Less Is More: Why Short, Intense Workouts Yield Better Results
Tired of spending long hours in the gym? Have trouble sticking to your workouts because they take too much time? Less is more when it comes to exercise. A long workout doesn't necessarily mean better results. On the contrary, it can hamper your progress and make it harder to reach your goals.
When you’re exercising, you might be trying to build mass, lose fat, or improve your overall conditioning, keep your workouts short and intense. With this approach, you'll get better results in less time.
Understanding Your Body's Energy Systems
The "less is more" approach makes perfect sense when you think of how your body uses energy. You see, there are three primary energy pathways in the body: the aerobic, anaerobic, and phosphagen (ATP-CP) system. The latter serves as an immediate source of fuel - we're going to focus on the first two.
The aerobic system provides energy for long distance running, swimming, steady state cardio, and other low-intensity activities. It provides your body with the fuel needed to sustain operations lasting anywhere from a few minutes to a few hours. This system relies on oxygen.
For example, when you run on the treadmill or do lots of reps with light dumbbells, you’re using the aerobic system. This energy pathway utilises glucose and glycogen as fuel to resynthesize ATP. If your muscle and liver glycogen stores are depleted, fat can be used for energy.
The anaerobic system, or glycolysis, provides energy for medium to high-intensity activities, such as weight training, soccer, baseball, and HIIT. Any intense action that lasts from 30 seconds to about two minutes will utilise this energy pathway.
Unlike the aerobic system, glycolysis does not use oxygen for fuel. Instead, your body breaks down carbs in the form of either muscle glycogen or blood glucose to form pyruvate and produce ATP molecules. Therefore, the pathway produces very little energy, but you'll get it a lot faster.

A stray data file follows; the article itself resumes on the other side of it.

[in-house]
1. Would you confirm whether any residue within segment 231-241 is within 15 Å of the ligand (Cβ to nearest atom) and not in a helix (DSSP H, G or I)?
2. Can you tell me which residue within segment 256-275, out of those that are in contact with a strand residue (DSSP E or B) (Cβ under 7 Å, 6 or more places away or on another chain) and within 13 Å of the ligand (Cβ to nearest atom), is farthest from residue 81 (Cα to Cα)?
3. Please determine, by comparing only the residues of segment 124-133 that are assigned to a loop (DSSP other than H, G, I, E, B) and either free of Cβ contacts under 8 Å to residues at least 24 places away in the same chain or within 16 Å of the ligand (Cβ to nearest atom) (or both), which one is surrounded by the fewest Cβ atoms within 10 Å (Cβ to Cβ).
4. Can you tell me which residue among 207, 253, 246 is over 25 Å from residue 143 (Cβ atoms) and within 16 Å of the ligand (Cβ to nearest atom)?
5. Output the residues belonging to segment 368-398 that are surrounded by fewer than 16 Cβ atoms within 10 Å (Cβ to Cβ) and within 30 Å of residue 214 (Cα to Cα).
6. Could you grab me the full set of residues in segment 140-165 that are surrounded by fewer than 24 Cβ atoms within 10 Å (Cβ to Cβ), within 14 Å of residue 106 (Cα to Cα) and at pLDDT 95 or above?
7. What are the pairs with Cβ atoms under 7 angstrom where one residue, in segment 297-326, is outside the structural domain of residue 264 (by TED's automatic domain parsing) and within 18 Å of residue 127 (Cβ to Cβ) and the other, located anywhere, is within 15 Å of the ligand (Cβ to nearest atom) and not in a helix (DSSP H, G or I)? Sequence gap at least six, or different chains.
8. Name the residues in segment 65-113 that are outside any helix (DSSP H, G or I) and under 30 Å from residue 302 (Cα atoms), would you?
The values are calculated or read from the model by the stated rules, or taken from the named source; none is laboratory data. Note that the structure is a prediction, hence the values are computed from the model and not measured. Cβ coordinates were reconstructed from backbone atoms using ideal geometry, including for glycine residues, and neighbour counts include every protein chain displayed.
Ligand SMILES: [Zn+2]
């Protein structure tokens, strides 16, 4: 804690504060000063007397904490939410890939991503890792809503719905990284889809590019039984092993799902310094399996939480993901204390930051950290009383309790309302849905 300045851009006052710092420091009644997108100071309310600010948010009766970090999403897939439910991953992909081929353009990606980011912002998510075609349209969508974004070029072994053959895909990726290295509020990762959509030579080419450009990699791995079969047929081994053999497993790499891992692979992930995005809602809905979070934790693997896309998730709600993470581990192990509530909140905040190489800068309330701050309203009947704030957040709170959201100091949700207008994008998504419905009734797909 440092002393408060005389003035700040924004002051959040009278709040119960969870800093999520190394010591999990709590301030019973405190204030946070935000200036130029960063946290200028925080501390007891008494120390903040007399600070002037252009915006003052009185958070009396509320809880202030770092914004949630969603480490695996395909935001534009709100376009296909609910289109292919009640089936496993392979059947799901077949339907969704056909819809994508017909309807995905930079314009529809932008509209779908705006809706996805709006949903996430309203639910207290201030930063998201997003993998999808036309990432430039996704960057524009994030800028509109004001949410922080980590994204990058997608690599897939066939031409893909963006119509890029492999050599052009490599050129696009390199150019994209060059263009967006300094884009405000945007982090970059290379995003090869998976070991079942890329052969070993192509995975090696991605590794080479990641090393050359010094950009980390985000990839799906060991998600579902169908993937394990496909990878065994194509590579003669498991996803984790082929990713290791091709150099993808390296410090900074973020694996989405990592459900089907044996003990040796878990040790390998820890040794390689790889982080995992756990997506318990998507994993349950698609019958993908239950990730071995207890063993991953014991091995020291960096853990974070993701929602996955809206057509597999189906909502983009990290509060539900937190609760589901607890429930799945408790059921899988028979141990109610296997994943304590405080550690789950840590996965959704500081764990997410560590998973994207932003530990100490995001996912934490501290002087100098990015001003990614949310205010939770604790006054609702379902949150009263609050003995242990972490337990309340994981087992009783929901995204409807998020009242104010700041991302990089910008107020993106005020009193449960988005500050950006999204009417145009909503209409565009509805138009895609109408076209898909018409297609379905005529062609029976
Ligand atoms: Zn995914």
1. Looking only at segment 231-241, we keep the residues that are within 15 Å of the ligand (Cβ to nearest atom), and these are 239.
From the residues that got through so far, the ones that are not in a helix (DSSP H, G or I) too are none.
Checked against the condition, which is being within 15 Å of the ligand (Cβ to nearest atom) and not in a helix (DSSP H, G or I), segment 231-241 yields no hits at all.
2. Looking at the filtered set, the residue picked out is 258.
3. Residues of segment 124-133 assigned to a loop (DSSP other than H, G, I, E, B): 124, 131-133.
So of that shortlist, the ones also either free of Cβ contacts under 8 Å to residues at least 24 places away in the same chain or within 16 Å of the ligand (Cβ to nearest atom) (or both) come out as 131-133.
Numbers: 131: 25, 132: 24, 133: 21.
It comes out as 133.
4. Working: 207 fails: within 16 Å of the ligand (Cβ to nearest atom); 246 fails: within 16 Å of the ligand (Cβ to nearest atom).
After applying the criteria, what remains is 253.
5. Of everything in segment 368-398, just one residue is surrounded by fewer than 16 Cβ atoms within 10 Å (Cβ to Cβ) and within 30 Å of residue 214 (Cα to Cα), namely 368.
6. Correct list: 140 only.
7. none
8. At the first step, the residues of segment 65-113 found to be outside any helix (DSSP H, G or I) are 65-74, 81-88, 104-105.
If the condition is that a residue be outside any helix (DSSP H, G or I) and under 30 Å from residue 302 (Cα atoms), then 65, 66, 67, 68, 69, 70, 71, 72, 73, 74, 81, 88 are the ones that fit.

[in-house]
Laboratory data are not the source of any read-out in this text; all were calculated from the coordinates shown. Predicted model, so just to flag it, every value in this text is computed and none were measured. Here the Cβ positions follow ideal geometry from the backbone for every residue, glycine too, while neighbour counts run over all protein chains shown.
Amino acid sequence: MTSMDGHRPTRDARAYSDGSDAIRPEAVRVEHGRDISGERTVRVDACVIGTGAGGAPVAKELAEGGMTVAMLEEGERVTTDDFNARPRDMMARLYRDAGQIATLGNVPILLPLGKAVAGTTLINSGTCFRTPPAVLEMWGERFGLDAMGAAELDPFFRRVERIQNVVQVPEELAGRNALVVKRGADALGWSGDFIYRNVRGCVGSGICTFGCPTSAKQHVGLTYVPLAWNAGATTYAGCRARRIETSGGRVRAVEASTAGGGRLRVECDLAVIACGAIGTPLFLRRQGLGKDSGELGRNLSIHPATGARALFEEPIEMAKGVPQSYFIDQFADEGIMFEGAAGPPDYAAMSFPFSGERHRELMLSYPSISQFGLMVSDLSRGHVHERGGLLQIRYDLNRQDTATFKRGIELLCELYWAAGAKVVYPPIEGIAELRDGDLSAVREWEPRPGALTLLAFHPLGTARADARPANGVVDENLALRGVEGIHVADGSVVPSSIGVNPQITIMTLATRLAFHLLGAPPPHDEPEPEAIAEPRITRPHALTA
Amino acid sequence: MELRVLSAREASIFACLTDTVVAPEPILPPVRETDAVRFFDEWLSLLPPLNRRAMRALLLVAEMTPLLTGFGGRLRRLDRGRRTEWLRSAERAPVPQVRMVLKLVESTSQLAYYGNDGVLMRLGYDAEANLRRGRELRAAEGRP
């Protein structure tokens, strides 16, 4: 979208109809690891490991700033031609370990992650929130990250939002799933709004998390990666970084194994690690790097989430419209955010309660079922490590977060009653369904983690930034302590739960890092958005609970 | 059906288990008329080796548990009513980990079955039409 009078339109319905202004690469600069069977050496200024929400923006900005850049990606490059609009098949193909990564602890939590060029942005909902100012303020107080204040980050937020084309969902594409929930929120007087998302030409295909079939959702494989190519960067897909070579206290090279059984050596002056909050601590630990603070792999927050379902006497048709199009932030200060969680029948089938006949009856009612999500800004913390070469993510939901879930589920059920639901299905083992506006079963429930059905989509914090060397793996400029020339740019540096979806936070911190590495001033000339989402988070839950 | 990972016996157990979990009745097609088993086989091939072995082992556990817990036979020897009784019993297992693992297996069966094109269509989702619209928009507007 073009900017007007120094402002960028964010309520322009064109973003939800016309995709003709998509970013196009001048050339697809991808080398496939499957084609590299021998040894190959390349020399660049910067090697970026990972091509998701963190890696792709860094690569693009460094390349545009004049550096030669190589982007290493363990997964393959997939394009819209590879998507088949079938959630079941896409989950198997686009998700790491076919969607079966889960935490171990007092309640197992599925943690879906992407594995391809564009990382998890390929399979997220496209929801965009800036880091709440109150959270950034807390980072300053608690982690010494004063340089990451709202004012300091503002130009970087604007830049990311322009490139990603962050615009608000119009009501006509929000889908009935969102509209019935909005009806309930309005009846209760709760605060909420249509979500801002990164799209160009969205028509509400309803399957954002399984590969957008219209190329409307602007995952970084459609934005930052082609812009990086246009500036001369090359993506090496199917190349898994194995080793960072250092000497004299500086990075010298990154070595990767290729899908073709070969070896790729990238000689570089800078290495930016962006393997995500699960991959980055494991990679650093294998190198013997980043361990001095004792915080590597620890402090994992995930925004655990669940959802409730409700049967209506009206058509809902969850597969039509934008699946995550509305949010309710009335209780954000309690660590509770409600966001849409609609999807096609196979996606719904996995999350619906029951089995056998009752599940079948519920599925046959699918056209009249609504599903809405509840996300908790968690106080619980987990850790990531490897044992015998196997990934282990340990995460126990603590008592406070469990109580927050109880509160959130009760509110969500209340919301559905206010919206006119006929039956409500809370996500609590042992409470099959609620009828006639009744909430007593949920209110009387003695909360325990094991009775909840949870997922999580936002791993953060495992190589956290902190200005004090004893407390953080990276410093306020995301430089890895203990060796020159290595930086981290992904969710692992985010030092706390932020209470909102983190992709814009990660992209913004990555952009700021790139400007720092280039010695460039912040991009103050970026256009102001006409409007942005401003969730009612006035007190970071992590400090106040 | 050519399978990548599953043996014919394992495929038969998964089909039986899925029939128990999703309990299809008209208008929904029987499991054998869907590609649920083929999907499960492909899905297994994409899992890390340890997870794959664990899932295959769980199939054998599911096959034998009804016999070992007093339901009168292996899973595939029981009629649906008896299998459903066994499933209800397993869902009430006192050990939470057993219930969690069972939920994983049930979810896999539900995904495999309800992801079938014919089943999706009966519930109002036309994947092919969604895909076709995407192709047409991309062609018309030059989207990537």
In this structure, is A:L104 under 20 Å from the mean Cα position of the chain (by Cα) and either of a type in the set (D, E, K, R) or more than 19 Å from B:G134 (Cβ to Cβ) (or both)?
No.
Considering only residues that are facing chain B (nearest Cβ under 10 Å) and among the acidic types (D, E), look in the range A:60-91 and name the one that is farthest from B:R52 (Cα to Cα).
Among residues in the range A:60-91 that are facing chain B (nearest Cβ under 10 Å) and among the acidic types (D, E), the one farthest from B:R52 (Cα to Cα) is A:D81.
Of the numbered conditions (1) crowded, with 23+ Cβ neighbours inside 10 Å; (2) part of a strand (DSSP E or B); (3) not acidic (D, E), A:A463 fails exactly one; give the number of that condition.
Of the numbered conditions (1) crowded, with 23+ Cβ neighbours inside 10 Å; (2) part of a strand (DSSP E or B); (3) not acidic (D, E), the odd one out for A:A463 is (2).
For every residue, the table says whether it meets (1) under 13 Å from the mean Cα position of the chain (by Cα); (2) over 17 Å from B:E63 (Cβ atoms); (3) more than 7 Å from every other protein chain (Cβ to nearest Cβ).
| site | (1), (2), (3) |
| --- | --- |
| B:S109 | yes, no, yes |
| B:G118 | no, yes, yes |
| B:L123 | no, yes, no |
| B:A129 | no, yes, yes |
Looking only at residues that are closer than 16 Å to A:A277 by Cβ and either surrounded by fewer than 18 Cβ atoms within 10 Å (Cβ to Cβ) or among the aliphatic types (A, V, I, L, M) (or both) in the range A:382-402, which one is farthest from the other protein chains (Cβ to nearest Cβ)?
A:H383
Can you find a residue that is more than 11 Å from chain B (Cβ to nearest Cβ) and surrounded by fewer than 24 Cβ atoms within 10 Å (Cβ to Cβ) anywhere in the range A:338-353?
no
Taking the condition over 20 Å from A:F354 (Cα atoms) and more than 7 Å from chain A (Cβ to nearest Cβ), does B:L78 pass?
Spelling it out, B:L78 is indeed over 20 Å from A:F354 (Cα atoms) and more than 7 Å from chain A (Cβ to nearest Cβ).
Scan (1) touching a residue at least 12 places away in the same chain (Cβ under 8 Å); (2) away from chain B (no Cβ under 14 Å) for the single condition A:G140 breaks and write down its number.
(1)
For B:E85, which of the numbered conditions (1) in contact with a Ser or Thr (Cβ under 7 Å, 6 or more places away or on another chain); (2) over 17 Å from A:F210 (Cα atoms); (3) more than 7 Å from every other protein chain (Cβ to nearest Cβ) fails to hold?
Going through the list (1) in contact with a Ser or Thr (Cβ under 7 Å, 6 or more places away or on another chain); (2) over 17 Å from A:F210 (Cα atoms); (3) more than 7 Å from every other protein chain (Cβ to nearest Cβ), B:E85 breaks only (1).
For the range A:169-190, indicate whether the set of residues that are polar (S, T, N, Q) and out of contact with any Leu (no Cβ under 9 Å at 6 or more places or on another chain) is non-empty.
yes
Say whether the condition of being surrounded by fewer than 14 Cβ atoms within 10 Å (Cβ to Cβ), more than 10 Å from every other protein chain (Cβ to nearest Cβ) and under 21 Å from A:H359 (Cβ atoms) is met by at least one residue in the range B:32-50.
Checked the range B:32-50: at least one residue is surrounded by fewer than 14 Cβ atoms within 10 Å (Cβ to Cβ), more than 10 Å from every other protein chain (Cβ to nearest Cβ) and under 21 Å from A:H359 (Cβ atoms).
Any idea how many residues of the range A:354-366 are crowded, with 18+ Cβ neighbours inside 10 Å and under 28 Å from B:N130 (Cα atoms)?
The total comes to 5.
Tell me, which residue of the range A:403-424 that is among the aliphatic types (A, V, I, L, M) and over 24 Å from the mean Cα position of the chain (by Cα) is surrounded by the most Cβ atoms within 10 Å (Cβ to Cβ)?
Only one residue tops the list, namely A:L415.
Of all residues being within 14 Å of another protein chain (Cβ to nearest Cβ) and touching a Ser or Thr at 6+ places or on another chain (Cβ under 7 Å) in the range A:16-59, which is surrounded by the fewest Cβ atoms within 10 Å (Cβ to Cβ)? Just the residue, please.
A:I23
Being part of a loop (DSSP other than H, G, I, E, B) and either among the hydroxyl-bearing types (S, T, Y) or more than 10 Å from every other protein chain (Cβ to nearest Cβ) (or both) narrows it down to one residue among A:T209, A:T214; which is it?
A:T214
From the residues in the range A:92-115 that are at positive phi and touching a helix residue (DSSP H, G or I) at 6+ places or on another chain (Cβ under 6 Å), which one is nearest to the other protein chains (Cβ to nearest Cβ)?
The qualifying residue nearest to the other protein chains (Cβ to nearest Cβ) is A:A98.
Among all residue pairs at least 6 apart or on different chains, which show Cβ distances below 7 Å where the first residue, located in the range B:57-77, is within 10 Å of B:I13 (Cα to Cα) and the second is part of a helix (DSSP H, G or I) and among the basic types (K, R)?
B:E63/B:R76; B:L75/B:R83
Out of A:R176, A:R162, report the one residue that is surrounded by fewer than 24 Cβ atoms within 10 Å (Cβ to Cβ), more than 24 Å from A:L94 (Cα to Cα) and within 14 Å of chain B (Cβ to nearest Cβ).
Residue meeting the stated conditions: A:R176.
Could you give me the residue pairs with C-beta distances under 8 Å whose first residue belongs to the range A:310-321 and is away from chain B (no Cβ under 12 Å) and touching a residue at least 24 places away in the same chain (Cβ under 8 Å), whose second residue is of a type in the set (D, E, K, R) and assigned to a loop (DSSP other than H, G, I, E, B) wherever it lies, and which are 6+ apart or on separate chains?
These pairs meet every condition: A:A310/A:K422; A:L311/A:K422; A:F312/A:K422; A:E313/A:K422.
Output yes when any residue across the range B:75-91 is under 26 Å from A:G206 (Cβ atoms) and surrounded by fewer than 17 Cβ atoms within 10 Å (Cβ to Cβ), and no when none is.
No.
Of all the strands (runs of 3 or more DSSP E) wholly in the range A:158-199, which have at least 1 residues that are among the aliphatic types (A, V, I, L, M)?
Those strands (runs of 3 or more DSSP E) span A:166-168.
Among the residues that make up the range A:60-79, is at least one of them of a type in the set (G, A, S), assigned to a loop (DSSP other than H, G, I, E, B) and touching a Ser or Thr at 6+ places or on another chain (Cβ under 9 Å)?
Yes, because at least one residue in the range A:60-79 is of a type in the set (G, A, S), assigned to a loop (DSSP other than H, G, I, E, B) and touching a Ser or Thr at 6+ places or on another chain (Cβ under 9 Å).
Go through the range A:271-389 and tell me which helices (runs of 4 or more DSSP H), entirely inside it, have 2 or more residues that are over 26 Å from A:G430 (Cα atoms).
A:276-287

The aerobic system produces byproducts that cause fatigue and leave you feeling drained. Glycolysis, on the other hand, doesn't have this effect. This means that you can quickly refuel and resume your workouts after a short recovery period.
Why Does It Matter?
What do you want out of your training program? To feel weak and tired or to perform the minimum effective dose to get stronger, move better, burn fat, and build muscle - all while saving time? Most likely, you're going to choose the second option.
If your goal is to get leaner and stronger, anaerobic training is your best bet. During aerobic exercise, your body can sustain itself by using oxygen. It doesn’t require additional energy from another source, such as stored fat.
Anaerobic exercise, by comparison, doesn't utilise oxygen. As a result, your muscles begin to break down glycogen, leading to higher lactic acid production. If your glycogen stores are low, stored fat will be used for energy.
High-intensity workouts with short rest periods between exercises and sets increase your body's demand for oxygen even after you're done training. This process is known as EPOC or exercise post oxygen consumption. Elevated EPOC levels lead to a higher metabolic rate and more calories burned. You might be familiar with the so-called afterburn effect, which is the same as EPOC.